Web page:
The Market at Hartford 21 — the upscale downtown Hartford grocer that opened six months ago to much fanfare — is struggling to find its niche, and is cutting back its hours and its offerings while it reworks its business plan.
The market, operated by Ryan and Kelleanne Jones, will be open during the week from 7 a.m. to 1:30 p.m., well short of the regular closing hour of 7 p.m. On weekends, the store will be open 8 a.m. to 11 a.m., curtailed from 6 p.m.
On Wednesday morning, the market was open but the produce section was empty as were refrigerated cases where prepared foods and the ingredients for salads are usually stored. The bakery case had only a small assortment of baked goods.
Responding to an inquiry from The Courant, the market issued this written statement: "The Market at Hartford 21 is making changes to our business model to specifically tailor it [to] downtown customer needs."
The market is important beyond its size as a business enterprise because it is viewed as both a linchpin for making downtown Hartford attractive for residents and a bellwether for that effort. Apartment buildings in the neighborhood are generally full, and the streets are showing more vibrancy as a result.
The statement added: "The Market team looks forward to having a healthy, successful and profitable market perfectly suited to downtown Hartford's needs for many years to come."
The market is viewed as a triumph in part because it largely employs city residents. It was unclear Wednesday how many of the store's 89 full- and part-time workers would remain employed. It also wasn't known what the market will offer during the period while the Joneses rework their business plan or how long that will take.
At noon Wednesday, there was a line of seven people at the sandwich counter. Many people from nearby offices entered the market. Two men who entered and quickly left after seeing empty shelves said they had never been to the market for lunch, but heard it was very good.
Neither the Joneses nor a market spokeswoman would elaborate beyond the written statement.
David B. Panagore, Hartford's chief operating officer, said Wednesday the city is providing the Joneses technical assistance "so they can examine what is going right and what needs improvement."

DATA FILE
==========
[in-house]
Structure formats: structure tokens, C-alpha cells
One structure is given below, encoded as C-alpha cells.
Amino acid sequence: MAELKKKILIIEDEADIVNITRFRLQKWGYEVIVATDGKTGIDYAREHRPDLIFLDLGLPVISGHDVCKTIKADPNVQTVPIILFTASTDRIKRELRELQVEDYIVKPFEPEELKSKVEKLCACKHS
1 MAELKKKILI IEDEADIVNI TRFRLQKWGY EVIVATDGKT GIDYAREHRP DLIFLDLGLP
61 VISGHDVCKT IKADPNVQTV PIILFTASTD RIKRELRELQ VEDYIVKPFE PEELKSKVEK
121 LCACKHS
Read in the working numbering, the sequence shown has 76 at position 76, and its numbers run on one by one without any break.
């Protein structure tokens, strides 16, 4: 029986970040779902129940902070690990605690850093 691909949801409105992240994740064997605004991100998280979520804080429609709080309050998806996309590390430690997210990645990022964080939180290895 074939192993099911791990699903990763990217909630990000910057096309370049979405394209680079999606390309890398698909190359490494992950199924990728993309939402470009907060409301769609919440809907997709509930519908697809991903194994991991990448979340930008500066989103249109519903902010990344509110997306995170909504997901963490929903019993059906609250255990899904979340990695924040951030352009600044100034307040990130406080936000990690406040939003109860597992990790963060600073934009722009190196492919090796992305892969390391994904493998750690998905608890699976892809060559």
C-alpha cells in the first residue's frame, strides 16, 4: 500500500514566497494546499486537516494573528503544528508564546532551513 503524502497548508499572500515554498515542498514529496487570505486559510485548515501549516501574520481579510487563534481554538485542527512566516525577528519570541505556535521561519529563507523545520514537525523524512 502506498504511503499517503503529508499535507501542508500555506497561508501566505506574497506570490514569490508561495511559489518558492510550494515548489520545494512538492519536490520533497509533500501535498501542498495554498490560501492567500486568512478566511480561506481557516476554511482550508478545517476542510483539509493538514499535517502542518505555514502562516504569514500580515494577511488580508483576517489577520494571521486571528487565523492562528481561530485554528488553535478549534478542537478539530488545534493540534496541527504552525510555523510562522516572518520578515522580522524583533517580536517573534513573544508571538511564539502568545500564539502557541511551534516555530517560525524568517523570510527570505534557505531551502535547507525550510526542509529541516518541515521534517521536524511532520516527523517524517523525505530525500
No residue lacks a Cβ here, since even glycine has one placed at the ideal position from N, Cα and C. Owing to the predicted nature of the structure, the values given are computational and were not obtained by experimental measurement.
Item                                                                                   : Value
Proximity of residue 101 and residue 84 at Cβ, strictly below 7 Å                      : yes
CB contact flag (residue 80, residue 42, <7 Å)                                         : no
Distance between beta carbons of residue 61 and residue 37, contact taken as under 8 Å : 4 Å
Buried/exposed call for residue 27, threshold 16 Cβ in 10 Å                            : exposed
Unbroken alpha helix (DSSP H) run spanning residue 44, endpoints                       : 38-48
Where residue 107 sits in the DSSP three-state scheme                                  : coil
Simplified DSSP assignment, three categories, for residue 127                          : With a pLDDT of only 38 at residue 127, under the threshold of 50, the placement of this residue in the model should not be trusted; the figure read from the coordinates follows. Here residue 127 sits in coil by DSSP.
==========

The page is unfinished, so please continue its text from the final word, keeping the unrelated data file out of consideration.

"We've all along known it would be a challenge," Panagore said. "We've been working with them for a period of time, but until very recently we had not been apprised of the extent of the issues that they have run into. We're helping them to get to the bottom of all the questions."
Panagore declined to comment on specific troubles the market faces.
The success of the market rests not only on keeping downtown residents and office workers as customers, but also on attracting people who live outside the city, especially on weekends.
The market closed at 1:30 p.m. on both Monday and Tuesday, stoking chatter on Facebook. One post from Tuesday read: "What's going on over there guys? Gossip is starting …" After the market issued its statement Wednesday another post read: "I hope the Market can find its footing! Tough gig!" Some posts suggested forming focus groups of downtown residents and commuters for feedback.
In recent weeks, the dwindling of inventory on store shelves and a shortening of hours touching off speculation that the market was struggling.
In March, the grocery store opened just five weeks after it was announced that the Joneses would run it. The Joneses were able to handle that because the owner of Hartford 21, where the market is located, had already sunk $2 million into outfitting the space. The city also kicked in $300,000 to cover start-up costs, part of which must be paid back over the 10-year lease.
Even though the space was ready with refrigerated cases, ovens and display shelves, the layout may be part of the problem. It requires customers to be served by workers — pushing up payroll costs — and making for longer waits. The market's statement hints that costs may be cutting too deeply into profits.
After a refrigeration breakdown in July and a brief closing, the Joneses introduced some changes including an "Express Deli Line" designed to get customers in and out faster. They downsized the butcher's station that at first offered high-end cuts of meats and poultry. They also beefed up offerings to the lunchtime crowd, including a baked potato bar and a pasta station.
Reprinted with permission of the Hartford Courant.
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